In part one we thoroughly described the role of the microbiome, or gut bacteria. We mentioned that the microbiome has such influence on our health—physical and mental—that it is now being referred to as the second brain. There are trillions of microscopic organisms that form the human microbiome. Taking care of them, by refraining from poor health behaviors, can greatly reduce the chances of illness or disease. Now we will take a more detailed look at positive actions to maintain microbiome health.
Improve your microbiome function, improve your health and well-being
As we stated earlier, the good news here is that you can take care of your gut bacteria and greatly reduce your chances of disease and illness. It can all be done through eating and activity. This doesn’t require any procedures or medicine! In fact, the more you stay away from medicine, the better the microbiome will function.
The role of microbiome in weight loss
Although research in this area is first emerging, there seems to be a correlation between gut bacteria and one’s ability to lose weight. Since gut bacteria lines the intestines, they come into contact with the food we eat. This may affect the nutrients we absorb and how energy is stored in our bodies.
One study examined the gut bacteria in 77 pairs of twins, one of whom was obese and one of whom was not. The study found that those who were obese had different gut bacteria than their non-obese twins. In particular, obesity was associated with lower gut bacteria diversity, meaning there were fewer types of bacteria in the gut. A number of studies have shown that people with high fiber intake have a lower weight, which may be due to the role that gut bacteria plays in digesting fiber.
Your microbiome also digest certain antioxidants found in plants known as flavonoids, which may help prevent weight gain. And finally, your gut bacteria can influence how dietary fats are absorbed in the intestines, which may affect how fat is stored in the body.
The effect of all drugs
New studies are showing that it is not just antibiotics that are culprits in destroying some of the good bacteria in the gut. New research from the European Molecular Biology Laboratory has found that one in four non-antibiotic drugs affect the growth of bacteria in the gut. Over the past few years, a number of different drugs (anti-diabetics, proton pump inhibitors–antacids, NSAIDs-like aspirin and ibuprofen, and antipsychotics, to name a few) have been associated with changes in microbiome composition. One recent paper, for instance, pointed out that atypical antipsychotics are often associated with metabolic disease.
The question that is now being asked is: Could certain non-antibiotic classes of drug (especially those with gastrointestinal side effects) inadvertently damage the gut bacteria, in much the same way as antibiotics? And if they work like antibiotics, might they contribute to antibiotic resistance too?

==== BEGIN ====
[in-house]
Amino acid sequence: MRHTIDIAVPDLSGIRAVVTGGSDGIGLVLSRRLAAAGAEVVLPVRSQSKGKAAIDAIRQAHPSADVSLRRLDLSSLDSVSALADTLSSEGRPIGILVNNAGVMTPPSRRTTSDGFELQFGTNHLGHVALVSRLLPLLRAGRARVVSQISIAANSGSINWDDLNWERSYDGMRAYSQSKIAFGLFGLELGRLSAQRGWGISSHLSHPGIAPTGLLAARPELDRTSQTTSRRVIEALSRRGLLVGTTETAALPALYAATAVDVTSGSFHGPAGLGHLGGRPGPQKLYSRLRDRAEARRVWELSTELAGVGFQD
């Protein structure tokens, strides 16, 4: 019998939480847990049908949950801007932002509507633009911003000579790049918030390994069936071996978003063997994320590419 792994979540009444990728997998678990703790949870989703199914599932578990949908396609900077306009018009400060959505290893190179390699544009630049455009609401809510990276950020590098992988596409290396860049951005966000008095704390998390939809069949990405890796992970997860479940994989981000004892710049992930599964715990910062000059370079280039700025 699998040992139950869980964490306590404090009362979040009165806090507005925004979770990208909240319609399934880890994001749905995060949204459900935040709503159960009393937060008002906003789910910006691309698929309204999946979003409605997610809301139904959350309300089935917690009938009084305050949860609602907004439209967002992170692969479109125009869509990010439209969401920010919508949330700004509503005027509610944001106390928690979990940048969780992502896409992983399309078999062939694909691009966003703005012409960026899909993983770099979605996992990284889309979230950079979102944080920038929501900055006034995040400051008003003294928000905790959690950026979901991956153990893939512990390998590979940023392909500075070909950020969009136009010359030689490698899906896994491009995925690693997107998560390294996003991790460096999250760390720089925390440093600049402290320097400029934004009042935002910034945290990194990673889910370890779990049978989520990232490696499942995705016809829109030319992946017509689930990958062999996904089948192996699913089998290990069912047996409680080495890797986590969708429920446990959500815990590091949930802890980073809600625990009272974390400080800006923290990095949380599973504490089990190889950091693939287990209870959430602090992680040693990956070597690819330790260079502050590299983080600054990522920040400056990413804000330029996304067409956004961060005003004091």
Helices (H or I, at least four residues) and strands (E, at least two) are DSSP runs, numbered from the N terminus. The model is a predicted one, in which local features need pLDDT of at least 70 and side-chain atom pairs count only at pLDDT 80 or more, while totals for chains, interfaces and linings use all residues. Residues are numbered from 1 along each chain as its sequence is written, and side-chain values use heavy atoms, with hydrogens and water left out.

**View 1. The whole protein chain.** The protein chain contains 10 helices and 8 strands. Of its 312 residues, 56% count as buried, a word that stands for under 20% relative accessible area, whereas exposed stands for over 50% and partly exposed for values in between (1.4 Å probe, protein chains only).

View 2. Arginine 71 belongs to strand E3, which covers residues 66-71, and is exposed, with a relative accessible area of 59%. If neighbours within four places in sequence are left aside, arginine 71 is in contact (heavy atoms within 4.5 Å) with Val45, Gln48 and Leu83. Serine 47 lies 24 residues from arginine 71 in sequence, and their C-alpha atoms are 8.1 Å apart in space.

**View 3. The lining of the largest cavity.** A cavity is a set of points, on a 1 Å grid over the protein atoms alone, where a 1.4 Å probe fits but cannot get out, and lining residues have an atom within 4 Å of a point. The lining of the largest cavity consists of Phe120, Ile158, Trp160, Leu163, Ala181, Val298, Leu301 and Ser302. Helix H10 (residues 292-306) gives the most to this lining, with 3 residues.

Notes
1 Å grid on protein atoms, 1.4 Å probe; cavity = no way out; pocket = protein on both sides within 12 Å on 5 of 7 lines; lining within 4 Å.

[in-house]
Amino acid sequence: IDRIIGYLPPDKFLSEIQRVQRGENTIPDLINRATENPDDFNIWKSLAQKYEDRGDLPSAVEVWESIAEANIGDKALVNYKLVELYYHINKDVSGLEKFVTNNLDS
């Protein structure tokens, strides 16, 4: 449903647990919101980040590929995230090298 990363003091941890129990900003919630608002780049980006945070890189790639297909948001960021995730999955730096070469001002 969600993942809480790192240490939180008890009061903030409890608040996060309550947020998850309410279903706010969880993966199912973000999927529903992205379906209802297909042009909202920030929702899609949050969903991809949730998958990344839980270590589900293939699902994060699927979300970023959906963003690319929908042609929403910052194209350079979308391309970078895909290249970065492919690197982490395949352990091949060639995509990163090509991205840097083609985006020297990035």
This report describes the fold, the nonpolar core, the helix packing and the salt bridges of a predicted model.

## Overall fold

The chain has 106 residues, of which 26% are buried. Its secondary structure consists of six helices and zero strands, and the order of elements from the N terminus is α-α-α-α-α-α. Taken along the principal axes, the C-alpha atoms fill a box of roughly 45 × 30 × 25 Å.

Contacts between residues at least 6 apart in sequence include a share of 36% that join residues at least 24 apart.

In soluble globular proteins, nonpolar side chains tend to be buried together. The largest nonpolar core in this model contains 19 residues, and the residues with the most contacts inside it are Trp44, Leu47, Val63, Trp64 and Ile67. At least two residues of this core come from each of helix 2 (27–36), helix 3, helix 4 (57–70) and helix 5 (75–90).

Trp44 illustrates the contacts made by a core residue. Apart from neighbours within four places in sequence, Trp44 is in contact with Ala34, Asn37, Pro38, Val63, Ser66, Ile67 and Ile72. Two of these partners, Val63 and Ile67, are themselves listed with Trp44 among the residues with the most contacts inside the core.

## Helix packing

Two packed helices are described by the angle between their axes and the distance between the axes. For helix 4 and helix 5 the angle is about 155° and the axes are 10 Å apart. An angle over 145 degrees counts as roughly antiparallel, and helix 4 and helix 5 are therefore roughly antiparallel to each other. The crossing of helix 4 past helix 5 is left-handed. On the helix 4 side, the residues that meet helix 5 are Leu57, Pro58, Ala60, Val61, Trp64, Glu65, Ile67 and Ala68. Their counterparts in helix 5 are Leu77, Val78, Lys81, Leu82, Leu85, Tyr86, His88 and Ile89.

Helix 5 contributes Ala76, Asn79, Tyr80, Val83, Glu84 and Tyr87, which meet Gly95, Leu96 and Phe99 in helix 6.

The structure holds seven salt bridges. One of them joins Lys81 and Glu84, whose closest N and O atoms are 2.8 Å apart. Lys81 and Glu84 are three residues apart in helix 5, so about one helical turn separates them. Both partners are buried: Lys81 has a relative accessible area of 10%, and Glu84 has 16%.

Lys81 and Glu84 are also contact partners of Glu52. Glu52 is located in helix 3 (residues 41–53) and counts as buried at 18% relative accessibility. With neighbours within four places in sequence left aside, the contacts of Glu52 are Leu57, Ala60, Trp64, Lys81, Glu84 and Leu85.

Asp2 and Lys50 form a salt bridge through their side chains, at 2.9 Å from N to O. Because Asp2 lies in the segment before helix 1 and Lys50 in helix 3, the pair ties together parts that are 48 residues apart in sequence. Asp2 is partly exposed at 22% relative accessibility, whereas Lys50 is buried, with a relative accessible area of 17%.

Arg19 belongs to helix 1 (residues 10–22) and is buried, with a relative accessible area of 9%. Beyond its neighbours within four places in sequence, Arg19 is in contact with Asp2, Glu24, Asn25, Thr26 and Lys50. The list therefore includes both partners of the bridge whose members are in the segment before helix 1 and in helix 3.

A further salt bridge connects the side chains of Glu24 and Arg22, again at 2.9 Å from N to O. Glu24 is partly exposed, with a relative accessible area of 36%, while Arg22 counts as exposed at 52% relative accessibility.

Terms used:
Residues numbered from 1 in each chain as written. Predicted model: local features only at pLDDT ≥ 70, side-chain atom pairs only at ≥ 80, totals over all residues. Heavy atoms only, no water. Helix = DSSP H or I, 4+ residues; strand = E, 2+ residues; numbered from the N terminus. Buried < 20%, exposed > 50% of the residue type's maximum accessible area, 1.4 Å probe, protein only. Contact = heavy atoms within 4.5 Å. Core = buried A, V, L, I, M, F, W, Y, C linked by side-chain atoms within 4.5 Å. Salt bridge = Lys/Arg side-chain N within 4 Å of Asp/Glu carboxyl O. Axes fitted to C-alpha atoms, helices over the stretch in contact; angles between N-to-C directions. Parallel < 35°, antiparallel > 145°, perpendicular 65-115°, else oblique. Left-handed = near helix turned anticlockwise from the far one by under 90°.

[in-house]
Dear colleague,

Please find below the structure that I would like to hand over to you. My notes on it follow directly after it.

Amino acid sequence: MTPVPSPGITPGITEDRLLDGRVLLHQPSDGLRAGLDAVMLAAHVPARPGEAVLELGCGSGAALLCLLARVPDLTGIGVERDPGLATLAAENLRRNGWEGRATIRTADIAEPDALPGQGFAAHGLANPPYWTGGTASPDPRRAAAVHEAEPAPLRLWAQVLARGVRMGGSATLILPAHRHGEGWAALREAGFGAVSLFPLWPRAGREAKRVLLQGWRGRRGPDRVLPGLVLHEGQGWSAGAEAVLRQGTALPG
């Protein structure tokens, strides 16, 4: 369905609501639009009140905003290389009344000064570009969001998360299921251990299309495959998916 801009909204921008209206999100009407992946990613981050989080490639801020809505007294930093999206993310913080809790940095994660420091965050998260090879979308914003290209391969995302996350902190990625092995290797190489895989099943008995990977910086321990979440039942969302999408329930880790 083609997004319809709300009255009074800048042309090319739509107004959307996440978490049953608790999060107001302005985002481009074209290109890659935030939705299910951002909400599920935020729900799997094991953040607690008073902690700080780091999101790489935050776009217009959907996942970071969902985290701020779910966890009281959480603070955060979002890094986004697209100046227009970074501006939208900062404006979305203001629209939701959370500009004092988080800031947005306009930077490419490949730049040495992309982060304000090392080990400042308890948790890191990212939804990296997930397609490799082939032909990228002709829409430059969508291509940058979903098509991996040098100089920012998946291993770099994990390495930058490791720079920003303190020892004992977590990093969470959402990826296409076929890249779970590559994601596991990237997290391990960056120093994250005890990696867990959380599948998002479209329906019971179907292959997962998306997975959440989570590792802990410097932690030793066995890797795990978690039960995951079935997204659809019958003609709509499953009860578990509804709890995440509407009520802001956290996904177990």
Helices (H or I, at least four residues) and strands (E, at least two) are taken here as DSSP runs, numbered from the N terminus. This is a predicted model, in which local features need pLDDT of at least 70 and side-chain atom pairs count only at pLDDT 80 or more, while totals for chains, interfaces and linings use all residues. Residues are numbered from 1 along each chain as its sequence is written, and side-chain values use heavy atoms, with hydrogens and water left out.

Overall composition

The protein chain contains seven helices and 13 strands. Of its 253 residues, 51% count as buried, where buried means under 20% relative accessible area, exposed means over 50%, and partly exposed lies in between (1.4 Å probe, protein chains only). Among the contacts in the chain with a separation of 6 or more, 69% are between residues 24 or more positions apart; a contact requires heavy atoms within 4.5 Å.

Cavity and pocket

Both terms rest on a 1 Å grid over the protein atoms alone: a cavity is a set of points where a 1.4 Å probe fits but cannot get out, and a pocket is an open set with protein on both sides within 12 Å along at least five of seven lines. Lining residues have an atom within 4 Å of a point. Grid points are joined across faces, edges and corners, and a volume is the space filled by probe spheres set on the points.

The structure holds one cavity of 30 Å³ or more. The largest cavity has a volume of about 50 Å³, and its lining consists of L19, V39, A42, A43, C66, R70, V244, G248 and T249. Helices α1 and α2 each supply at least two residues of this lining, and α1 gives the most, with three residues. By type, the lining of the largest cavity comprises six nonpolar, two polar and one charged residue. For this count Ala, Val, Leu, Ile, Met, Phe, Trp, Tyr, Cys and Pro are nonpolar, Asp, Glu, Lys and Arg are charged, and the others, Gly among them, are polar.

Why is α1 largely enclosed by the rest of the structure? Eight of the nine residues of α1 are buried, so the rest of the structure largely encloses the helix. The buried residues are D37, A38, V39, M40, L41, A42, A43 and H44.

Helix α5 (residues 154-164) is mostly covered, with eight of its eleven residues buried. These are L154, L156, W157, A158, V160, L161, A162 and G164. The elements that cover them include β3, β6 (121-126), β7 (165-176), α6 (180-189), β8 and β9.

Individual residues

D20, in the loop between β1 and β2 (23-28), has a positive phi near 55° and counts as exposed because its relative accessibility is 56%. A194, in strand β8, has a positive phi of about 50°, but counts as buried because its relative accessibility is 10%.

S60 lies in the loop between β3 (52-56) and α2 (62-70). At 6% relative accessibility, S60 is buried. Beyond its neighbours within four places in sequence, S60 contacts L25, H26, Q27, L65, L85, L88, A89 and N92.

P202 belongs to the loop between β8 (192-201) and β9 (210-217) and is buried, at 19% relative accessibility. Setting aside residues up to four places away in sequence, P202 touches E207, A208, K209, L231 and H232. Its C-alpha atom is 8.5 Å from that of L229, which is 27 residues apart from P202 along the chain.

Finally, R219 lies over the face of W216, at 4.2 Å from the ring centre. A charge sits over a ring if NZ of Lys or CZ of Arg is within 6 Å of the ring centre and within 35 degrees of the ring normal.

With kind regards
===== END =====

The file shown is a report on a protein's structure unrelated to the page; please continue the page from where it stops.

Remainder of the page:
All of us that work in weight loss know that the vast majority of antipsychotic drugs cause weight gain—now, it seems we know why. It’s their negative effect on the microbiome.
Drugs should always be looked upon as a last resort—just like surgery. Yes, they have a vital place in our health care, but have we been doing a lot of damage to our health by taking too much too often? For instance, there is a big movement today to use exercise, physical therapy, and acupuncture for pain instead of pain killers. A very recent study showed that doctors are prescribing antibiotics twice as much as is probably needed. Take drugs only as needed. Remember that making the proper lifestyle changes can help you reduce or get rid of meds for diabetes, blood pressure, cholesterol and drugs for indigestion.
Proper behaviors for microbiome health
Good, healthy eating is integral to taking care of our microbiome. What does that mean? Eating a wide variety of foods is important. Trying to eat less animal-based foods and more plant-based foods, together with an increase in activity and exercise, can undo in short order any damage that may have occurred from poor health. Include some fermented foods like sauerkraut and pickles. It shouldn’t be a lot and not too often, but it is important they be included in your overall food consumption.
But not just that. Spend more time in nature in general. Avoid exposure to mold at all costs and get a good night’s sleep—all the time. Get dirty—go out and work in your garden or if you don’t have one, offer to help a neighbor. As we mentioned in part 1, keeping your stress levels to a minimum is essential as is staying away from processed foods, including white flour, refined sugars and pre-prepared foods as much as you possibly can. Concentrate on including nuts, seeds, flaxseed, whole grains, legumes and lentils as often as possible.
Summing it all up
Your microbiome or gut bacteria is the major player in your health and well-being. The true revolution here is that we are rapidly gaining a great understanding of how it works and what its influence is. We now know that by taking care of the trillions of the bacteria involved, the repairs to just about every aspect of health can start almost immediately and in a matter of only weeks or months, your health can be changed radically. Become knowledgeable about your gut bacteria and take care of them, because it will definitely will. “add hours to your day, days to your year, and years to your life.”